Mozambique: No elephant poached in Niassa wildlife park in a year

APA-Maputo (Mozambique)

After years of rapidly shrinking numbers, wildlife experts at Mozambique's Niassa Reserve marked a year without a single elephant dying at the hands of poachers driven by red-hot demand for ivory from fast-growing Asian economies such as China and Vietnam, APA can report on Friday,

The Mozambican government, through the National  Administration of Conservation Areas (ANAC) in coordination with strategic wildlife protection partners, was able to reduce elephant loss to zero in the first half of this year to poaching in the Niassa  Reserve, northern Mozambique.

The Director General of ANAC,  Mateus Mutemba told APA in an interview on Friday that measures such as  enhancement of the rapid response capacity for the protection of animals from the reserve, deployment of a specific rapid intervention unit on  the ground, monitoring of elephants by satellite, placement of tracing collars and air patrolling are indicated as impact actions on the  ground.

"It is a remarkable achievement because the last elephant  to be poached in Niassa died in May last year", Muthemba said during an  exclusive interview with APA on Friday.

He added: "In recent  years, the reserve has seen a reduction in poaching cases, and in 2019  there were no cases of elephant slaughter due to poaching. Nevertheless,  there are still threats to wildlife conservation in this area".

Elephant poaching has been mainly in the Niassa National Reserve in the remote north near the border with Tanzania, an area where conservationists have been raising alarm bells for years.

Besides  ivory, Mozambique is regularly cited as a major transit route for rhino  horn poached from South Africa, home to most of the world’s remaining  population of the animals.

According to Muthemba, this trend was  also favored by the improvement of the legal framework, especially the  amendment of the Law on the Protection, Conservation and Sustainable Use of Biological Diversity, which in the field of restriction of freedom  (criminal frameworks for prevaricators) of the perpetrators of the crime, punishing not only the material agents, but also the conspirators, accomplices and coverers of the legal type of crime (poaching).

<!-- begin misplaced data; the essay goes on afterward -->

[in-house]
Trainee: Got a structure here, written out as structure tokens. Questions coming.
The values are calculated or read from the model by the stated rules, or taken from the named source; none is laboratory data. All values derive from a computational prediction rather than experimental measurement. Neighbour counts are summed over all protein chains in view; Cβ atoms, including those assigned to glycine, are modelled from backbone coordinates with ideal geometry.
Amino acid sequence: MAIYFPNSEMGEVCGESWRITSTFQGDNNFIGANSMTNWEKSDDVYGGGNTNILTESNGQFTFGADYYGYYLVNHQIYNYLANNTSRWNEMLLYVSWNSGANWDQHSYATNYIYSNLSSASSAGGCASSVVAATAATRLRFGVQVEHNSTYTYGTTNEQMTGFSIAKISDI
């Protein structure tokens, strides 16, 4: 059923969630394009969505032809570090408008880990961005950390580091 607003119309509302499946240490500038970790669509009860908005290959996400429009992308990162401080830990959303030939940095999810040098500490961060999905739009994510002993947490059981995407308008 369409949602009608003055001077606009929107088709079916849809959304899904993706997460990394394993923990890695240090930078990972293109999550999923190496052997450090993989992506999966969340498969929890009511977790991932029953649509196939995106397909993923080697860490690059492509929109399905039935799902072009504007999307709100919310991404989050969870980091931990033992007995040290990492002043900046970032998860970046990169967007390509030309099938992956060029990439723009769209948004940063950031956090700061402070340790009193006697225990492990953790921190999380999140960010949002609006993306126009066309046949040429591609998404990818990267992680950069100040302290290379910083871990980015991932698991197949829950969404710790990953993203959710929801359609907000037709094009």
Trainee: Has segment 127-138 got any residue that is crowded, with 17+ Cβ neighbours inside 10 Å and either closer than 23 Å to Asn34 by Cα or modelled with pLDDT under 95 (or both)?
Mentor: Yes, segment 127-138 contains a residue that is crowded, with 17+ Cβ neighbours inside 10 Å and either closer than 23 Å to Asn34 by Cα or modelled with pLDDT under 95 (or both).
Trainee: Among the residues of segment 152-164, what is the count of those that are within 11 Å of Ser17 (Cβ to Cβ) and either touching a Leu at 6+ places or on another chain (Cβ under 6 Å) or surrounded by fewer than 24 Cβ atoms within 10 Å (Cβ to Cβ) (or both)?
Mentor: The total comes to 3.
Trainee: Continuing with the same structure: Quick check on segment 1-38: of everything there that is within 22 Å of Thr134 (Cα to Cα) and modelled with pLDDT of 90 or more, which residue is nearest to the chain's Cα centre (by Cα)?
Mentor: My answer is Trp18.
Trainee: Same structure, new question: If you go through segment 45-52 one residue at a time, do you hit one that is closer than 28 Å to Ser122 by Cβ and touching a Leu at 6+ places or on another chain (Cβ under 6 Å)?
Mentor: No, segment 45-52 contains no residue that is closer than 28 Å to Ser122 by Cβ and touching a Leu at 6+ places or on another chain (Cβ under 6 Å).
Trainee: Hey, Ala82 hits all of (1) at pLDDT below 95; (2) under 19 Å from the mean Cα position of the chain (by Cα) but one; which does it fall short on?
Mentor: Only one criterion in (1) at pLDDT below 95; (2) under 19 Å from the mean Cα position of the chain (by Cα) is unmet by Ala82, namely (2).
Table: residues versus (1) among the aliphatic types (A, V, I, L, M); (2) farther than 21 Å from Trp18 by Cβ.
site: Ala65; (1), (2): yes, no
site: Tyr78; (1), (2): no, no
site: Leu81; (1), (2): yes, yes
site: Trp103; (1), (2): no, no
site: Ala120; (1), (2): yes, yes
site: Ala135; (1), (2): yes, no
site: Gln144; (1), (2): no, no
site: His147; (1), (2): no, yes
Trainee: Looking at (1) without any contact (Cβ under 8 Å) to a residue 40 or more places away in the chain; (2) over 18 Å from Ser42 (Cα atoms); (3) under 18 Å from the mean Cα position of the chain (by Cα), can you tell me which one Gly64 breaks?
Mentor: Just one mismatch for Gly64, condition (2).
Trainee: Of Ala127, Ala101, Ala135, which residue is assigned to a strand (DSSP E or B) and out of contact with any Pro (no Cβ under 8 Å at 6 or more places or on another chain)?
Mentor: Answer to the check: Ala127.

"In addition to actions to raise awareness of  communities that have had great advantages in the fight against  poaching, the reform of the legal framework has brought great advantages  in the protection of wildlife," he said.

Niassa, which is one of  the largest wildlife parks in Africa and covers an area larger than Switzerland, boasted an elephant population of 12,000 as recently as  2011. 

Due to aggressive poaching, however, the number of animals  plummeted to just above 3,600 in 2017.

To improve the performance  of management programs in conservation areas, Muthemba said that the government has been promoting co-management initiatives with a number of  partners concerned with conservation, specifically those related to  protection and monitoring in the Niassa National Reserve.

Additionally,  the park security includes a small plane for patrolling, a dedicated  vehicle for the rapid response unit and four motorbikes. 

A team of 50  people, including patrolling scouts and gate guards, works at Niassa alongside the police officers.

"In 2014, ANAC signed an agreement  with the Wildlife Conservation Society (WCS) to support the management  of the Niassa reserve with the central aim of ensuring the protection of  species," he said.

Since 2014, the Niassa National Reserve has  benefited from the support of the Government of Japan in implementing  programs to protect and combat the illegal killing of elephants, and it  was from this perspective that the Japanese Ambassador, Toshio Ikeba,  also present at the event, said that will continue to honor its  commitment to the Mozambican Government by providing support in  combating poaching and trade in ivory.

"Japan will donate  resources to improve the monitoring and prevention capacity of elephant  poaching in Mozambique. It will continue to strengthen cooperation with  the international community to stem the illegal trade in wildlife" he noted.

He recalled that his country's government, based on its  commitments, disbursed US $ 109,000 in 2018 to monitor trends in  elephant poaching in the reserve and to the project of the Center for  Wildlife Surveillance and Protection of Wildlife. Niassa Reserve.

The Niassa National Reserve has suffered a significant loss of elephant  herds as a result of criminal poaching activities over the last few years, but with the ongoing actions of the government and international  partners and not only on the fronts of surveillance, community awareness, among others, the losses were gradually reduced to the  situation that is recorded today.

At present, the reserve has a  population of 3,238 elephants out of a total of 4,522, almost half of the elephants in the country.

The biggest challenge is to ensure  the continuity of the conservation programs of one of the largest natural ecosystems of large wild animals, especially emblematic species such as elephants, lions and leopards.


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